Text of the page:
Good news has been in short supply at Eskom, so it’s welcome to hear that the massive shortage in coal supply that the utility said was a probability from 2018 now looks to be less likely.
Unfortunately, this is cold comfort. One of the reasons the so-called ‘coal supply cliff ’ won’t materialise is down to the fact that South Africa’s economic growth is slowing and electricity demand is expected to fall beneath previous growth rate estimates.
At the same time, Eskom has also met with some success in its efforts to secure new sources of coal despite saying that there wasn’t enough new investment in the sector. In fact, a significant amount of uncontracted coal had been identified and was in “various stages of negotiation”.
That’s according to Vusi Mboweni, acting executive of Eskom’s primary energy division, who also said that coal would remain as central to the country’s energ y generation as it ever was, regardless of the push towards renewable and nuclear forms of energy.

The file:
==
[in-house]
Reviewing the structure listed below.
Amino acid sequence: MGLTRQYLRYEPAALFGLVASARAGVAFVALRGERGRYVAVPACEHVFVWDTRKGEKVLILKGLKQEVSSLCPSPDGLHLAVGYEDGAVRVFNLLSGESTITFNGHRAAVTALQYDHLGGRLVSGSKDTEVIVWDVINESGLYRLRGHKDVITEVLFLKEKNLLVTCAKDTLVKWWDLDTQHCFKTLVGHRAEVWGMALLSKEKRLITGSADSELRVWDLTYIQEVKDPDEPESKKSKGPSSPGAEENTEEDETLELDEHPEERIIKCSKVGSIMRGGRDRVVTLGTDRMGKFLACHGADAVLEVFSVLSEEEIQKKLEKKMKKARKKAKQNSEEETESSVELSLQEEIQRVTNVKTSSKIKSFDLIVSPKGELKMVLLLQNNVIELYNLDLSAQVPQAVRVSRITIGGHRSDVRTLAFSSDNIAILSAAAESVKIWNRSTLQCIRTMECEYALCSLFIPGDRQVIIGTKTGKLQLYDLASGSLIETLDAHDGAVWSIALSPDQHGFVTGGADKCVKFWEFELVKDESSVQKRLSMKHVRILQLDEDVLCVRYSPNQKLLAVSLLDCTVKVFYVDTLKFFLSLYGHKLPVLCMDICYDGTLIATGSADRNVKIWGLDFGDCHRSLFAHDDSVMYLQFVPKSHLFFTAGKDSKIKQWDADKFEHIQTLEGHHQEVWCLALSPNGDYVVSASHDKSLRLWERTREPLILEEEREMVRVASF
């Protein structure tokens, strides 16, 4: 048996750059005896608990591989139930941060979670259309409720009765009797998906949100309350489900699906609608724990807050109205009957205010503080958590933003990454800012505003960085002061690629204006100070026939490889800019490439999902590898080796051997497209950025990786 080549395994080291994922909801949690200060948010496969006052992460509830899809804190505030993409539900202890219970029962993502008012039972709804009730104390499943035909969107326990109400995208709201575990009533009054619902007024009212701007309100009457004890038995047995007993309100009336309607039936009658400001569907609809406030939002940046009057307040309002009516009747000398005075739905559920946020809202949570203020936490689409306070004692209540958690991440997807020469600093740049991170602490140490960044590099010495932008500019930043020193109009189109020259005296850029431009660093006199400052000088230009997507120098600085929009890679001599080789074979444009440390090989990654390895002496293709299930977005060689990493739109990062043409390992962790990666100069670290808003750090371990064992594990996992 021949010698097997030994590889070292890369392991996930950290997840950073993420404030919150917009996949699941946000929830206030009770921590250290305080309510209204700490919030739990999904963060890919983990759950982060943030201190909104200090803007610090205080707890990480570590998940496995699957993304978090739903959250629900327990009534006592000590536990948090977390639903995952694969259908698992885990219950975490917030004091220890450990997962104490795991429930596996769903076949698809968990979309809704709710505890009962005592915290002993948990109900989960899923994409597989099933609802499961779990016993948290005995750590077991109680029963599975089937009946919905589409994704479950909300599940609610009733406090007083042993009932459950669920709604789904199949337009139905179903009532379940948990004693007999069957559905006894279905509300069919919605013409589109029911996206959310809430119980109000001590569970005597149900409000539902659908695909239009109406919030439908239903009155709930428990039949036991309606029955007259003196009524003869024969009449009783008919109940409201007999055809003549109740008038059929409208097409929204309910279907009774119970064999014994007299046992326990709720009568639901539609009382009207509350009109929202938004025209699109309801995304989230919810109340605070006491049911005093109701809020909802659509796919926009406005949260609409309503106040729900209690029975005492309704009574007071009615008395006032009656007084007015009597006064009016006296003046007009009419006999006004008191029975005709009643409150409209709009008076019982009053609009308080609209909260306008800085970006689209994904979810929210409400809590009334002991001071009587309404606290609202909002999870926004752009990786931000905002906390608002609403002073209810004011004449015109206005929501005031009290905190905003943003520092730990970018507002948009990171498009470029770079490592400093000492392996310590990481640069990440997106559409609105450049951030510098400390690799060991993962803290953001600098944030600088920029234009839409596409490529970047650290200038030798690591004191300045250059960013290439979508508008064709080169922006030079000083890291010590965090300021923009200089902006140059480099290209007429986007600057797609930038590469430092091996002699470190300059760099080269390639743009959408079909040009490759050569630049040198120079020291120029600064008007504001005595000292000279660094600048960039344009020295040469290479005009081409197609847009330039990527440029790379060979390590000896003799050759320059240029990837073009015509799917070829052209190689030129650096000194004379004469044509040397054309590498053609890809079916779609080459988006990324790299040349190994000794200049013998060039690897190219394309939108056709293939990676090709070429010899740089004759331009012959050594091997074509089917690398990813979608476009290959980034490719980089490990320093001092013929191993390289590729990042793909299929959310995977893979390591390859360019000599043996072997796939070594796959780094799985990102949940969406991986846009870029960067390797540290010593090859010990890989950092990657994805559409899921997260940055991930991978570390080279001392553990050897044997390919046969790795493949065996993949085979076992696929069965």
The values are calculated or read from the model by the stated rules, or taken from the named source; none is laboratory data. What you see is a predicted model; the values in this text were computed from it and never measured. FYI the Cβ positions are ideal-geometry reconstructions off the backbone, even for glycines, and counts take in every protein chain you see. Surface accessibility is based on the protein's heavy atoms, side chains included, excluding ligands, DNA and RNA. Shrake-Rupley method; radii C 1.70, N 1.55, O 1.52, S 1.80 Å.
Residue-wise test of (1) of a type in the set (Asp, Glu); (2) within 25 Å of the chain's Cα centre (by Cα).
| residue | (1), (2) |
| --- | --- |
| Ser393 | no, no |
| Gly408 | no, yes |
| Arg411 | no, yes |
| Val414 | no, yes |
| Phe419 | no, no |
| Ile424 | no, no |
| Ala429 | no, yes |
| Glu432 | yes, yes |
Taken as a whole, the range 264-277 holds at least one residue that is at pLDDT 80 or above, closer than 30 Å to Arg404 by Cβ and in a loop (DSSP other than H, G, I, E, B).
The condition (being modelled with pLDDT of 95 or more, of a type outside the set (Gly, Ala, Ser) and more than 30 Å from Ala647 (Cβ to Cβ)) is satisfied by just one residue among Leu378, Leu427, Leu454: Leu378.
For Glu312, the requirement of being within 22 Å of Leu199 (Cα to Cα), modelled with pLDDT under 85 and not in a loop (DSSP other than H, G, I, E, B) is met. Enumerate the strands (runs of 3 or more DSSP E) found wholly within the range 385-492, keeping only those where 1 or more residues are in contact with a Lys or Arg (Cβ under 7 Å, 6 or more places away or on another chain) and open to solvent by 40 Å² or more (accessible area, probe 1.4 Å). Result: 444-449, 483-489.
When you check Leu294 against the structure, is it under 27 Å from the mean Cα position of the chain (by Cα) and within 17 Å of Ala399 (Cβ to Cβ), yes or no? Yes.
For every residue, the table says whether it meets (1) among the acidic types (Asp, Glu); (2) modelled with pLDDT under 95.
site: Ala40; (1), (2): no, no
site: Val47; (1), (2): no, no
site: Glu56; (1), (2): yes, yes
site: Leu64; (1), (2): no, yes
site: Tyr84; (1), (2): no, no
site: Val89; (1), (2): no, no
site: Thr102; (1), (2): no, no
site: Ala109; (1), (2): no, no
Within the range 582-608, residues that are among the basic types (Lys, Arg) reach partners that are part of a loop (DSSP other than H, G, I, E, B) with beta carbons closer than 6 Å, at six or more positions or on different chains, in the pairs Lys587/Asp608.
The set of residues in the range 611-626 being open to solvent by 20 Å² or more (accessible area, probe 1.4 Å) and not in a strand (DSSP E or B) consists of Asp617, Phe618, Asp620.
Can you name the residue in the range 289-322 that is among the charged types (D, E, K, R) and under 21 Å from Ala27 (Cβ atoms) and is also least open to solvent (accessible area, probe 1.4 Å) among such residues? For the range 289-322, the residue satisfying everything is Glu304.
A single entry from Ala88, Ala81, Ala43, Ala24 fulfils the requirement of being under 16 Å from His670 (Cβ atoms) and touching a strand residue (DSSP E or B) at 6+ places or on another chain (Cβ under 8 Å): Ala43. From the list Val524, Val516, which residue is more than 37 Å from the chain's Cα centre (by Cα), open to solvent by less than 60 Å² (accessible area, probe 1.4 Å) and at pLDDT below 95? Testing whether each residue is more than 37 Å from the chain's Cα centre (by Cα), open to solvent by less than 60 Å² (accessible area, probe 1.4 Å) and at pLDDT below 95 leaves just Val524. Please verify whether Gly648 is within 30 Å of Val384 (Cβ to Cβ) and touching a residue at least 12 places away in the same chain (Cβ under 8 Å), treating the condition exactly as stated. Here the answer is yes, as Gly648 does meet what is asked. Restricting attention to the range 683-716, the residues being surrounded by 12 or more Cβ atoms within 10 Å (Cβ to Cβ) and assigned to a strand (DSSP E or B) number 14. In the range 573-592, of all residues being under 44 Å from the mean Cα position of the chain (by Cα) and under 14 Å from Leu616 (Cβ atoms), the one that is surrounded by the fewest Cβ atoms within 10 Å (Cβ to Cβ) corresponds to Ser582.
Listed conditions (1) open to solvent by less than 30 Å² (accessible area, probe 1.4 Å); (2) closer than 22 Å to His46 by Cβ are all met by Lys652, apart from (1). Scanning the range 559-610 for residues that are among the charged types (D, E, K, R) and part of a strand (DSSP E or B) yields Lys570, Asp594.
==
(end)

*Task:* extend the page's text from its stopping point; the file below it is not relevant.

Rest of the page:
Speaking at the IHS Energy South African Export Coal Conference 2015 earlier t his month, Mboweni said that coal was currently “the dominant resource” for electricity production in SA. “There had been a lot of talk about this coal cliff that Eskom was facing,” he said. “This trend [of increased coal usage] is expected to continue for the foreseeable future.”
Quite what this means for the redraft of the Integrated Resource Plan (IRP), a blueprint for SA’s energy mix in the future, is up for conjecture.
Initially written to ensure an increase in the amount of energy sourced from renewable energy sources, as well as nuclear, the new IRP, which is yet to